How we’re helping people SWAP unemployment for NHS careers

Weston College’s sector-based work academies – or SWAPs – are tapping into potential to tackle NHS skills shortages, explains Mike Hudson

Weston College’s sector-based work academies – or SWAPs – are tapping into potential to tackle NHS skills shortages, explains Mike Hudson

20 Nov 2023, 17:00

Working at Weston College for two years has taught me that innovation is often the key to solving seemingly intractable problems.

One of the most pressing challenges we faced as I started, and which the entire country grappled with, was the significant strain on the NHS due to the Covid-19 pandemic.

Yet, in the face of adversity, I’ve witnessed an awe-inspiring meeting of need, opportunity, and solution: Our sector-based work academies (SWAPs).

The NHS’s unprecedented demand for vaccinations met the challenge of a stretched workforce. How could we bridge this gap? The answer lay in a programme designed to harness the potential of an often-overlooked demographic: the unemployed.

At its core, the SWAPs model is straightforward. It’s about matching immediate employment needs with short courses tailored for the unemployed. This not only provides job seekers with essential employability skills but also presents employers with a pre-trained workforce.

A SWAP typically runs for up to six weeks. It starts with an employability training week where learners are supported with the basic soft and hard skills they’ll require in their roles. What follows is a focused curriculum tailored to the specific needs of the partnering employer.

In our collaboration with the NHS, this entailed comprehensive training adapted to their requirements. But the real magic of the programme lies beyond the classroom. In week two learners are given first-hand experience through interactions with their potential employers, explaining what it’s really like to work for the NHS.

After successful completion of the course, participants move on to interview stages with the NHS, transforming their career paths and, in many cases, their lives.

Our collaboration began with Somerset NHS. But the success we achieved there has led us to start a similar pilot in Bristol.

The savings equate to £3.9 million in social ROI

The reception and results in Somerset are not just a source of pride for us at Weston College but also a testament to the power of collaboration and innovative thinking.

Engaging with the Job Centre and their dedicated job coaches played a pivotal role in our journey. In a sea of competing training providers, distinguishing ourselves was crucial. Our unique approach was to work with the job coaches themselves – understand their pressures and create a specific landing page on our website that the job coaches could use in front of their clients – our potential learners.

We then aimed to contact every enquirer within a 24-hour window, ensuring we were responsive and attentive to potential learners’ needs. This swift communication strategy cut through the noise and positioned us as a reliable and efficient partner.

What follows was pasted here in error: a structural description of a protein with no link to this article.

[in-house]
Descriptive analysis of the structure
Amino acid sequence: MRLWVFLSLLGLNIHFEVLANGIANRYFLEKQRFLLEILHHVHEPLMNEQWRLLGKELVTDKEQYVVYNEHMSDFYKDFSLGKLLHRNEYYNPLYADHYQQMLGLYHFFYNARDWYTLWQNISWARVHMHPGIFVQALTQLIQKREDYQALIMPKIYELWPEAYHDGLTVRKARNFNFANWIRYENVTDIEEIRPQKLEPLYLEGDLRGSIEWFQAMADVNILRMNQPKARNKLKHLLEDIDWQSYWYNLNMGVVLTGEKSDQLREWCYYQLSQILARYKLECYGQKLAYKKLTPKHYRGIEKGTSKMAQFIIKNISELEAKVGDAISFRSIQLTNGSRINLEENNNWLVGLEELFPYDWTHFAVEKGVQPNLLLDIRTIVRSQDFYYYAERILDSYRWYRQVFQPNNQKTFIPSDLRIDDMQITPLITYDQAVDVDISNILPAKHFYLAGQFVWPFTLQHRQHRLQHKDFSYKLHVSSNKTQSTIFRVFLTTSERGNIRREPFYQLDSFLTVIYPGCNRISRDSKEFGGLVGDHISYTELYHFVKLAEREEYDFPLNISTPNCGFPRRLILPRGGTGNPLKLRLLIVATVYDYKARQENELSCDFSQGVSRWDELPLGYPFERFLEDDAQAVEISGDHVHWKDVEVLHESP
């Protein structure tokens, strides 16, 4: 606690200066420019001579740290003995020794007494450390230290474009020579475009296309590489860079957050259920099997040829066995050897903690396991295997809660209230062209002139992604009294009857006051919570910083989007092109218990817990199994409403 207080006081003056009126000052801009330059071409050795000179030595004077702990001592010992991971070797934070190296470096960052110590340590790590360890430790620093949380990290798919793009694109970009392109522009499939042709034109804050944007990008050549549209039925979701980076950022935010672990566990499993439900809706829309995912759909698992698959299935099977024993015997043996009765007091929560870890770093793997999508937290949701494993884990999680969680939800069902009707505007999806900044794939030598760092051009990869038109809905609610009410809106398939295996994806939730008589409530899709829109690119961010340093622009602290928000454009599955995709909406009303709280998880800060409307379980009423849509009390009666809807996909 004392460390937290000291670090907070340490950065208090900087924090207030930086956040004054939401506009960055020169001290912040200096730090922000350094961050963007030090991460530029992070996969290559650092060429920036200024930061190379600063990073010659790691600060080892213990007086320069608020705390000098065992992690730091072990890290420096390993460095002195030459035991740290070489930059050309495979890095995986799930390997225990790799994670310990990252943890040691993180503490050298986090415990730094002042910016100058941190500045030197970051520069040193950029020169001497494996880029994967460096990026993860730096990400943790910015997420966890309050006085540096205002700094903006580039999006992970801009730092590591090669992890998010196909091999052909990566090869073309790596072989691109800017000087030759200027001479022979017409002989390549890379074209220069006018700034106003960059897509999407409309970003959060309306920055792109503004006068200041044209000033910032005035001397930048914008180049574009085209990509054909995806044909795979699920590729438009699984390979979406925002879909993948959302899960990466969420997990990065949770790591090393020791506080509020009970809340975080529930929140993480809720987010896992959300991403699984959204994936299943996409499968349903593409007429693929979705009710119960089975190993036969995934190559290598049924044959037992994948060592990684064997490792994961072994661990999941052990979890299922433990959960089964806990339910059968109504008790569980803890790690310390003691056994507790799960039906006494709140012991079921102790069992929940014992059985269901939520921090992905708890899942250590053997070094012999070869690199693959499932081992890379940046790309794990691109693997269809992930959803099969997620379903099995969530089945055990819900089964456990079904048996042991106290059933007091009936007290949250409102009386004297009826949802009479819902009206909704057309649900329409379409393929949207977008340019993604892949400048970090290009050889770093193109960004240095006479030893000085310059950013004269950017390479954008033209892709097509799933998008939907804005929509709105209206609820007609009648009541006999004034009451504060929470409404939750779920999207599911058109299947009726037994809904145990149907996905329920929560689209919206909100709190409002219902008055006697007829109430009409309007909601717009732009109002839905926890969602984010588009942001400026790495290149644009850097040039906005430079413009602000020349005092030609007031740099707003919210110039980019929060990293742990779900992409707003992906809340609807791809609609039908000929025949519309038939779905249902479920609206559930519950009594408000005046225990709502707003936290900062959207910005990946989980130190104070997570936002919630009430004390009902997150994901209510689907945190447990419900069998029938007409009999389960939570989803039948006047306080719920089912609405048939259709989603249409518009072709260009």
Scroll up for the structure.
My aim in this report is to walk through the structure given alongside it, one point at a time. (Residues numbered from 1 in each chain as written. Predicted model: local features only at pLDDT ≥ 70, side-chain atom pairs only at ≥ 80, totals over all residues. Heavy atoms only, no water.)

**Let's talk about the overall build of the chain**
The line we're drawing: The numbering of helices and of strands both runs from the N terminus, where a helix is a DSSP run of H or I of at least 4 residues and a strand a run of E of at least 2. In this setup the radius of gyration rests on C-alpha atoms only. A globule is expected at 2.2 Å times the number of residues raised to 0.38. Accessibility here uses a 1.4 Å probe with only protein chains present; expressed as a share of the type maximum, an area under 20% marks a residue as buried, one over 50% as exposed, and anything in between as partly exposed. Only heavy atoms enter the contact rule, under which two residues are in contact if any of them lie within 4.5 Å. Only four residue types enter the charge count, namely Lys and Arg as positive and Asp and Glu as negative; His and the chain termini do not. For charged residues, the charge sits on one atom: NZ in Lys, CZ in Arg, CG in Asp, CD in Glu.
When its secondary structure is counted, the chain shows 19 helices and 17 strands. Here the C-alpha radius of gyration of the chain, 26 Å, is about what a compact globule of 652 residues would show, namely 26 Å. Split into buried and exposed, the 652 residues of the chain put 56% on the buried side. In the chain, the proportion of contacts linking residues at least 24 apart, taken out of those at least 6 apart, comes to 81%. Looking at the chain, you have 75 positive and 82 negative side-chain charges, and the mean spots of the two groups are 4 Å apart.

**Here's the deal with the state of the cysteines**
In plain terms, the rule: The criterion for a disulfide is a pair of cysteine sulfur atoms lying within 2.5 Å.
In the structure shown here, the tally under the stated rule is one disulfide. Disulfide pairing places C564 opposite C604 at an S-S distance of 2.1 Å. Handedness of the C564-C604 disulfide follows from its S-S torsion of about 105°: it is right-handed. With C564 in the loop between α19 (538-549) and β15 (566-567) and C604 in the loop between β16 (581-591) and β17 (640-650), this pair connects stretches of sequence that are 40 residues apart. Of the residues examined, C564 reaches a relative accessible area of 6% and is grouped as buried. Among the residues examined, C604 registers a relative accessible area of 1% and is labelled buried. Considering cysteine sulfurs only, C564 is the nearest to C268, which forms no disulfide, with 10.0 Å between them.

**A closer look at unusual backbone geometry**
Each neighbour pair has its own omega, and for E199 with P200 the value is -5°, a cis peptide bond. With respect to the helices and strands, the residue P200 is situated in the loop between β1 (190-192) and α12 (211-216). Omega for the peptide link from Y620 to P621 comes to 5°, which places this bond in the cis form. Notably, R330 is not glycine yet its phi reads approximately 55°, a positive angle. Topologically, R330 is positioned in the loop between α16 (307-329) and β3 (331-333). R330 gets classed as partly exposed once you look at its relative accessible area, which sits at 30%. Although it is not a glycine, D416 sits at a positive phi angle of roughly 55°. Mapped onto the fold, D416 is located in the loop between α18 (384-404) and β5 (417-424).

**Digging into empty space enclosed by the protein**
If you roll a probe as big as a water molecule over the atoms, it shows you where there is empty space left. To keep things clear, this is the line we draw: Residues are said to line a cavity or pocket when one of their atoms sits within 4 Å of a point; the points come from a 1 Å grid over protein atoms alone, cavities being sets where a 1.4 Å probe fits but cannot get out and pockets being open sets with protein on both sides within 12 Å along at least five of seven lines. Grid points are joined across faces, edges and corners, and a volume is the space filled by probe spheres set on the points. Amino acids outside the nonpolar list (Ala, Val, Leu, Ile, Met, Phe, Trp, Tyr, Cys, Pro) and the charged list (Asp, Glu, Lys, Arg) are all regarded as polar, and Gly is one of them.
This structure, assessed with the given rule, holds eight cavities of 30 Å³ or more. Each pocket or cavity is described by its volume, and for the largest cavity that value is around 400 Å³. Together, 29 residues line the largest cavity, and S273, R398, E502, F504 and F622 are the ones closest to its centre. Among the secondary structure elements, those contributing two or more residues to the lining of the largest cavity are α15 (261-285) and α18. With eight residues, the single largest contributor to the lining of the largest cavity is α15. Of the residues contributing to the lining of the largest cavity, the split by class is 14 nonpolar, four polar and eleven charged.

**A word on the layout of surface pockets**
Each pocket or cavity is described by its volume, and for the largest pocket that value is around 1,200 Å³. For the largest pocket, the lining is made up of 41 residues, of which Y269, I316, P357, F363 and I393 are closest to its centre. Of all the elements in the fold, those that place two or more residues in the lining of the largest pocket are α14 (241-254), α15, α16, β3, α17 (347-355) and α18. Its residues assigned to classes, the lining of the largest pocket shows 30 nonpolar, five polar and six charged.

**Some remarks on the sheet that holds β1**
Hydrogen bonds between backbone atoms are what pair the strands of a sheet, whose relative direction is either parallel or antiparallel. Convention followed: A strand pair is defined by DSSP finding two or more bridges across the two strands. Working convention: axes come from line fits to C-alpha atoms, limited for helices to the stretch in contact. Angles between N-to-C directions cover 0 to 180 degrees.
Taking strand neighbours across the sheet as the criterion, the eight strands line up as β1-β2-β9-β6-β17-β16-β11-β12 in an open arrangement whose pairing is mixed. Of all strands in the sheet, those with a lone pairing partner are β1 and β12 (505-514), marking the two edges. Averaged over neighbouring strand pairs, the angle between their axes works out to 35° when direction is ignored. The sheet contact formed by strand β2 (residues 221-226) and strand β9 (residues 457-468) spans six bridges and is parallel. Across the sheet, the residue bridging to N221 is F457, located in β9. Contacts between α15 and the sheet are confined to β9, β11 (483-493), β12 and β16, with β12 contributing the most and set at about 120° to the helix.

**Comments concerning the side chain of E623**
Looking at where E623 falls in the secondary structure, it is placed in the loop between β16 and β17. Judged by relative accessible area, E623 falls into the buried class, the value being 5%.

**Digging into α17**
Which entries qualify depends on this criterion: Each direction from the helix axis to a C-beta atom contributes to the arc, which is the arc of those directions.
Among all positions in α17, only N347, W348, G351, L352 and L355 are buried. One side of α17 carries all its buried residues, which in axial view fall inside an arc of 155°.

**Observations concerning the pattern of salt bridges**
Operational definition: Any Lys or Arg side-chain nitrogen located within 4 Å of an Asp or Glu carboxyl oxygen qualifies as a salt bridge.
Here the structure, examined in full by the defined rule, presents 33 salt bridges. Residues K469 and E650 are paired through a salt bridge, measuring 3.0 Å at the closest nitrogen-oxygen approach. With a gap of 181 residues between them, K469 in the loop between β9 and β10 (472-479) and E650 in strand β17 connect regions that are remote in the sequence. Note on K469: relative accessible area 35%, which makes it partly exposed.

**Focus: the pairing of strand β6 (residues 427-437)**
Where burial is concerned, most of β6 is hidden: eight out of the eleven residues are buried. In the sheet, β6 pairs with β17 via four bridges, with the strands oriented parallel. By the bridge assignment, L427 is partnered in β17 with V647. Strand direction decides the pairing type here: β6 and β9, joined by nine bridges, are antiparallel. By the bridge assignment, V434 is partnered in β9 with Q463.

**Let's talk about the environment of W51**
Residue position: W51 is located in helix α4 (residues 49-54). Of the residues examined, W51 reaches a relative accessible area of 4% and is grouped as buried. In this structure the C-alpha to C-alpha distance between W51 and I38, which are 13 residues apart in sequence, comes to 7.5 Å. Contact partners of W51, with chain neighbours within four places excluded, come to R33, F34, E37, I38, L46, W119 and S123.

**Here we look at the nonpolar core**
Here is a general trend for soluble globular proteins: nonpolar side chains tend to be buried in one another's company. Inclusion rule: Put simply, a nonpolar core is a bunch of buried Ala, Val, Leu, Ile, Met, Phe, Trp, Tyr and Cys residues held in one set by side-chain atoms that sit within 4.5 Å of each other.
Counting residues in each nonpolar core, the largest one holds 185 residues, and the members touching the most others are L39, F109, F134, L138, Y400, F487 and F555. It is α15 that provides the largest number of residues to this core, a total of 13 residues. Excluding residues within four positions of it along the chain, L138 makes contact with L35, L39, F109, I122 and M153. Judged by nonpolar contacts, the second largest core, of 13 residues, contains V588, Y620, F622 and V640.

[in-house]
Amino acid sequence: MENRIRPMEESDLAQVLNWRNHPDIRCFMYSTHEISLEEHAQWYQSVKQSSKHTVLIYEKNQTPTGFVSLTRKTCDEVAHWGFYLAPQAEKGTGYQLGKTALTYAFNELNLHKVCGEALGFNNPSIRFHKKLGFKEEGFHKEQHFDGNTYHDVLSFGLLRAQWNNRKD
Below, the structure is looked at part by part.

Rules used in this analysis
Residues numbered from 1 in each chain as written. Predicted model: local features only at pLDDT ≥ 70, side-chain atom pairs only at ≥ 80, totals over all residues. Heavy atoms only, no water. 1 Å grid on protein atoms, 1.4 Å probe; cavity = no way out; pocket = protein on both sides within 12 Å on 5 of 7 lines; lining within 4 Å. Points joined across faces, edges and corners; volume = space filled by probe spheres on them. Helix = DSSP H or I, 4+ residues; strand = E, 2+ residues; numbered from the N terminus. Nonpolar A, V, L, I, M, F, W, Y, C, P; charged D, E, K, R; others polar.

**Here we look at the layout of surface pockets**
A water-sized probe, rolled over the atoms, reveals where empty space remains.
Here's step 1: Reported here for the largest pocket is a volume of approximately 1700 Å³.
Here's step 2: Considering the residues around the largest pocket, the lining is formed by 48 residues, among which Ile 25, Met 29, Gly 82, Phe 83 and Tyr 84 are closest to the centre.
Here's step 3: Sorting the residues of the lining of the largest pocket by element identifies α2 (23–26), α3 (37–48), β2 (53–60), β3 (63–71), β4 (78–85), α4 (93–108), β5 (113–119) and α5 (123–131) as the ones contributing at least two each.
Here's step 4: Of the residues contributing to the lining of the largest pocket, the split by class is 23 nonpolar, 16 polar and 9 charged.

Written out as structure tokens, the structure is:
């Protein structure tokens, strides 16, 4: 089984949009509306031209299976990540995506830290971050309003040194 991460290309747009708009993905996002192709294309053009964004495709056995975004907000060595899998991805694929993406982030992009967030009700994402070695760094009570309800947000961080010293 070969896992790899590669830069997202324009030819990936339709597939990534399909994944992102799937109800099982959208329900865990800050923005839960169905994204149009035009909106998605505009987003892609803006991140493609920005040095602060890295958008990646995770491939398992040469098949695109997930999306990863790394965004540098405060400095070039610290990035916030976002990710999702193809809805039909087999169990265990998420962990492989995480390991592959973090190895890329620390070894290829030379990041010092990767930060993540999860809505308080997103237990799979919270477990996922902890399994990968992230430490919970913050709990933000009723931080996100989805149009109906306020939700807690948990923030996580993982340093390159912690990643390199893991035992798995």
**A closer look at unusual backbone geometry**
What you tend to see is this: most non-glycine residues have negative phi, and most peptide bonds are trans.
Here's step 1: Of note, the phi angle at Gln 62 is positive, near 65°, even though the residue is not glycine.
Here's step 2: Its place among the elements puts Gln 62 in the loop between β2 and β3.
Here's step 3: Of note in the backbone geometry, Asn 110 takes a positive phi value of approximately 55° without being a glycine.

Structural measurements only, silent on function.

Since the programme started in April 2021 Weston College has trained 470 learners as part of the NHS SWAP programme. Of these, 384 progressed to the NHS induction programme.

To put a monetary value to the project, the SWAP courses saved the public purse over £15,000 for each unemployed individual who secured work. This savings calculation takes into account the average public costs over a year and equates to £3.9 million in social return on investment.

These numbers aren’t just statistics; they represent lives changed, families supported and communities strengthened.

The qualifications we offer through the SWAP are with Gateway Qualifications: awards in health and care and mental health awareness, and a certificate in vocational studies. They equip our learners with the skills and knowledge required for the start of their journey with the NHS.

In reflecting on our journey, I’m reminded of the Thursday nights during the pandemic when communities would come together, clapping in unison to express gratitude for the relentless workers of the NHS. Those moments captured a collective desire to help and make a difference.

Through this particular SWAP, many have found a way to channel this desire into action, contributing to the NHS and transforming their own lives.

I believe the success of our SWAPs initiative underscores a larger lesson. It highlights the power of collaboration, the importance of swift and strategic action and the boundless potential that lies in tapping into untapped resources.

As we continue to evolve and expand our efforts at Weston College, I’m filled with hope and excitement for the countless lives we’ll touch and the numerous challenges we’ll overcome together.

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